A Genetic Algorithm for Designing Materials:

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23 Οκτ 2013 (πριν από 3 χρόνια και 11 μήνες)

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A Genetic Algorithm for
Designing Materials:

Gene A. Tagliarini

Edward W. Page

M. Rene Surgi

The Problem:


Design materials
having desirable
physical properties


Limit the number of
materials assessed in
the laboratory

Key Technologies:


Group additivity models from
computational chemistry


Reid, Prausnitz, Poling


Joback


Genetic algorithms


Holland, Goldberg, DeJong, Davis


Adelsberger

What is a Genetic Algorithm?


A genetic algorithm is
a search method that
functions analogously
to an evolutionary
process in a biological
system.


They are often used to
find solutions to
optimization problems

Sample Applications:


Scheduling


Resource allocation


VLSI module placement


Machine learning


Signal processing filter design


Rocket nozzle design

Advantages of Genetic
Algorithms


Do not require strong mathematical
properties of the objective function


Solutions
--
of varying quality
--
are always
available


Independent operations are amenable to
parallel implementation


Uncomplicated and therefore, robust

Components of a Genetic
Algorithm:


A representation for possible solutions


Chromosomes, genes, and population


Fitness function


Operators


“Artificial” selection


Crossover and recombination


Mutation

Genetic Algorithm Pseudo
-
code:


Randomly create a population of solutions


Until a satisfactory solution emerges or the
“end of time”


Using the fitness measures, select (two) parents


Generate offspring


Mutate


Update the population


Example 1: Maximizing an
Unsigned Binary Value

0

1

1

0

0

0

1

1

1

0

0

0

1

1

0

0

1

0

1

0

1

0

0

1

0

0

0

0

0

1

1

0

Population

Example 1 (Continued):

A Fitness Function

Fitness Measure

99

0

1

1

0

0

0

1

1

Individual

Example 1 (Continued): Measure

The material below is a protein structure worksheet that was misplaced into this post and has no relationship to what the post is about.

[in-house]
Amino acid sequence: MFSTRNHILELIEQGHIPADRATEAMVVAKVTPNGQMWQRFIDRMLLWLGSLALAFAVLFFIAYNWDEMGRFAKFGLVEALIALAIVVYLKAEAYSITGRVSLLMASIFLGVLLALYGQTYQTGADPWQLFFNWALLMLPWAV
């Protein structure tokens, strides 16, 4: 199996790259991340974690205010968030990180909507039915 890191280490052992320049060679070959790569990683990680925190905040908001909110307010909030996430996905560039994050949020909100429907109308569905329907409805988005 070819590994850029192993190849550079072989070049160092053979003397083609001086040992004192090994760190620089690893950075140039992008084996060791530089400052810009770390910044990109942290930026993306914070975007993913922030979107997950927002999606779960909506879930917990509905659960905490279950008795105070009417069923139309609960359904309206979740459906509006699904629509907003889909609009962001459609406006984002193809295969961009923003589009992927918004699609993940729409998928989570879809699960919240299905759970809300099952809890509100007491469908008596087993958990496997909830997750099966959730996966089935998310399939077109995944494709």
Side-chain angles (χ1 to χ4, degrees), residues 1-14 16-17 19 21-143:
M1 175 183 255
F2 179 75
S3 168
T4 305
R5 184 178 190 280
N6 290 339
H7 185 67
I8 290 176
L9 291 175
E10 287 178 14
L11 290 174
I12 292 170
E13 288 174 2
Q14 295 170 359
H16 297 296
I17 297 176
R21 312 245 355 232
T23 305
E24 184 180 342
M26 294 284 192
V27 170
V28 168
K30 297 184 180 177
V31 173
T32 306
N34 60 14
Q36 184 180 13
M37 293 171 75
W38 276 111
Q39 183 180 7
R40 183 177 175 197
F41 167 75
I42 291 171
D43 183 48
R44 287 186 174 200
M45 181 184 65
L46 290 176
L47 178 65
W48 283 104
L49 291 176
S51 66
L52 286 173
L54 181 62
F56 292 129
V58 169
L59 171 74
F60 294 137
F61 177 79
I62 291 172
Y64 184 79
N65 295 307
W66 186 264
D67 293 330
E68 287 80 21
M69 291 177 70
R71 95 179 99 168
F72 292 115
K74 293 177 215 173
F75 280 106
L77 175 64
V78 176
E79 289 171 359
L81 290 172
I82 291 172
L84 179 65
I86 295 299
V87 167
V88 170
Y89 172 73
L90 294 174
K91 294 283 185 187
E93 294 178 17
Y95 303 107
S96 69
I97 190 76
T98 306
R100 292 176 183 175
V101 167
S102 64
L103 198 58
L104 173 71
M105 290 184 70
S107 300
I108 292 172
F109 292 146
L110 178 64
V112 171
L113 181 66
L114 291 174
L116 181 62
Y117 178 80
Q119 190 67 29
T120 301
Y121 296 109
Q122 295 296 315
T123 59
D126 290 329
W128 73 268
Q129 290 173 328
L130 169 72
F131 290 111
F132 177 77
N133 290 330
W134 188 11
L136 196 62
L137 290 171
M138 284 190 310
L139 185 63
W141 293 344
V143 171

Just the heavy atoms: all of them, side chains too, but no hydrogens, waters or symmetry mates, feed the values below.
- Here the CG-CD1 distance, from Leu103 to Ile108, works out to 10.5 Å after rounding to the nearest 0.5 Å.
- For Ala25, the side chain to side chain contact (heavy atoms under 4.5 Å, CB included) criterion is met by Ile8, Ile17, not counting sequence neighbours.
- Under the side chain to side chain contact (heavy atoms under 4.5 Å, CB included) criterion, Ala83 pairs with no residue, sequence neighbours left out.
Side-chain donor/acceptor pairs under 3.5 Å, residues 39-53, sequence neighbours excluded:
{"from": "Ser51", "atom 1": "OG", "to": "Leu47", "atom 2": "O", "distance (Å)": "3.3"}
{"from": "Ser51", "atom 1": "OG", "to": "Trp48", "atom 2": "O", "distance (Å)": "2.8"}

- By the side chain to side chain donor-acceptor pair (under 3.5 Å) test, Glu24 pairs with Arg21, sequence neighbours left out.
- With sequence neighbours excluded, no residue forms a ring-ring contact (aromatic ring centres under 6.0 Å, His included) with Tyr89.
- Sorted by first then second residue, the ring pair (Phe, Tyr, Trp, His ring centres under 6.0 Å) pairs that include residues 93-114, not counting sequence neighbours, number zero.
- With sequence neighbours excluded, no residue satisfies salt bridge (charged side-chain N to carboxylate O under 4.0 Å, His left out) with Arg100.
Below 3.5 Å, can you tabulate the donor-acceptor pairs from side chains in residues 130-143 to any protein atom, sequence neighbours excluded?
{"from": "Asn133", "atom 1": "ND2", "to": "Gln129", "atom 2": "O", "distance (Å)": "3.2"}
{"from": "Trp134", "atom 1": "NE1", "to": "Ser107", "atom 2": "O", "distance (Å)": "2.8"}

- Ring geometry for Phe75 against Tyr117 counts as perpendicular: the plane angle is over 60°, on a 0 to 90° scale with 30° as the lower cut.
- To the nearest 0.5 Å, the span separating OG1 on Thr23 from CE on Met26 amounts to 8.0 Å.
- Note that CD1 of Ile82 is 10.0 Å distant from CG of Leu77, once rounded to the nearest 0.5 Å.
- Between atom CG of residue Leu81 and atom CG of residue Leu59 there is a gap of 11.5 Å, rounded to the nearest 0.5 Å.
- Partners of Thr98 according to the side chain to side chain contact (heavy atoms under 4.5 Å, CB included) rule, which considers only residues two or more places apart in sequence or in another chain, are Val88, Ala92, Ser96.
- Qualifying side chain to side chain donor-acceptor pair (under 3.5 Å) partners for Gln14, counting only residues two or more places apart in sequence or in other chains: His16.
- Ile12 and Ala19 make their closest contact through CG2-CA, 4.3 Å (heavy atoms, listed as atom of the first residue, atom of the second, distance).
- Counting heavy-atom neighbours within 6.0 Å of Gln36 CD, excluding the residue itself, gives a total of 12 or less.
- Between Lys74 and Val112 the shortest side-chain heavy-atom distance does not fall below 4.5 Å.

the Fitness of Each Individual

0

1

1

0

0

0

1

1

1

0

0

0

1

1

0

0

1

0

1

0

1

0

0

1

0

0

0

0

0

1

1

0

Population

Fitness Measure

99

140

169

6

Example 1 (Continued):
“Artificial” Selection

0

1

1

0

0

0

1

1

1

0

0

0

1

1

0

0

Population

Fitness Measure

99

140



A random process



Favors “fit” individuals



Some individuals may be totally overlooked

Example 1 (Continued):
Crossover and Recombination

0

1

1

0

0

0

1

1

1

0

0

0

1

1

0

0

Parent 2; Fitness = 99

Parent 1; Fitness = 140

1

0

1

0

0

0

1

1

Offspring; Fitness = 163

Example 1 (Continued):
Mutation

1

0

1

0

0

0

1

1

Fitness = 163

1

0

1

1

0

0

1

0

Fitness after mutation = 178

Example 2: Traveling
Salesperson Problem

D

F

E

H

C

B

A

G

Example 2 (Continued):
Traveling Salesperson Problem

D

F

E

H

C

B

A

G

Example 2 (Continued):
Traveling Salesperson Problem

A

B

C

F

H

G

E

D

G

D

A

H

E

C

F

B

C

H

B

F

A

G

D

E

D

C

H

E

G

B

F

A

Population

D

F

E

H

C

B

A

G

Example 2 (Continued): Order
Sensitive Crossover #1

A

B

C

F

H

G

E

D

G

D

A

H

E

C

F

B

Parent 1

Parent 2

A

B

C

F

G

D

H

E

Offspring

Example 2 (Continued): Order
Sensitive Crossover #2

A

B

C

F

H

G

E

D

C

H

B

D

E

A

F

G

Parent 1

Parent 2

A

B

B

D

E

A

E

D

C

H

C

F

H

G

F

G

G

C

B

D

E

A

H

F

B

E

C

F

H

G

D

A

Example 2 (Continued): Order
Sensitive Crossover #2

A

B

C

F

H

G

E

D

G

D

A

H

E

C

F

B

Parent 1

Parent 2

A

B

A

H

E

C

E

D

G

D

C

F

H

G

F

B

C

B

A

F

E

G

H

D

C

D

A

F

E

G

H

B

Example 3: Designing Materials


Individual chemicals
and chemical
fragments contribute
to the properties of a
molecule


Propose fragments
likely to produce
molecules having
desirable properties

Example 3 (Continued):
Property Parameters

Example 3 (Continued):

Fitness Function



D
p

is the desired property value



J
p

is the predicted property value



p


{T
c
, P
c
, V
c
, T
b
, T
f
}

Example 3 (Continued): Joback
Group Additivity Constants

Example 3 (Continued):
Representation of Solutions

=C=

-
CH
3

-
CH
2
-

-
F

-
CH<

>C<

=CH
2

=CH
-

=C<


C
-


CH

-
Cl

-
Br

-
I

3

1

0

2

1

1

2

2

1

1

0

1

1

1

Cl

CH
3

CH
3

CH
3

CH
2

C

C

CH

CH
2

C

C

C

Br

I

C

C

CH

Individual

Example 3 (Continued): Sample
Results

CH
3

F

F

F

F

C

CH

Maximum error of 2.36%

was in T
c

F

F

F

F

F

C

CH

C

Maximum error of 3.65%

was in T
f

Conclusions


Genetic algorithms provide a robust tool for
finding solutions to search and optimization
problems.


Genetic algorithms can be used to propose
materials with specific properties.


The quality of the underlying model
strongly influences the outcome of genetic
algorithm searches

Related and Ongoing Work


Resource allocations in the weapon
-
to
-
target assignment problem


Design wavelets and “super
-
wavelets” to
highlight salient signatory features in sonar
signals as well as SAR and thermal
imagery.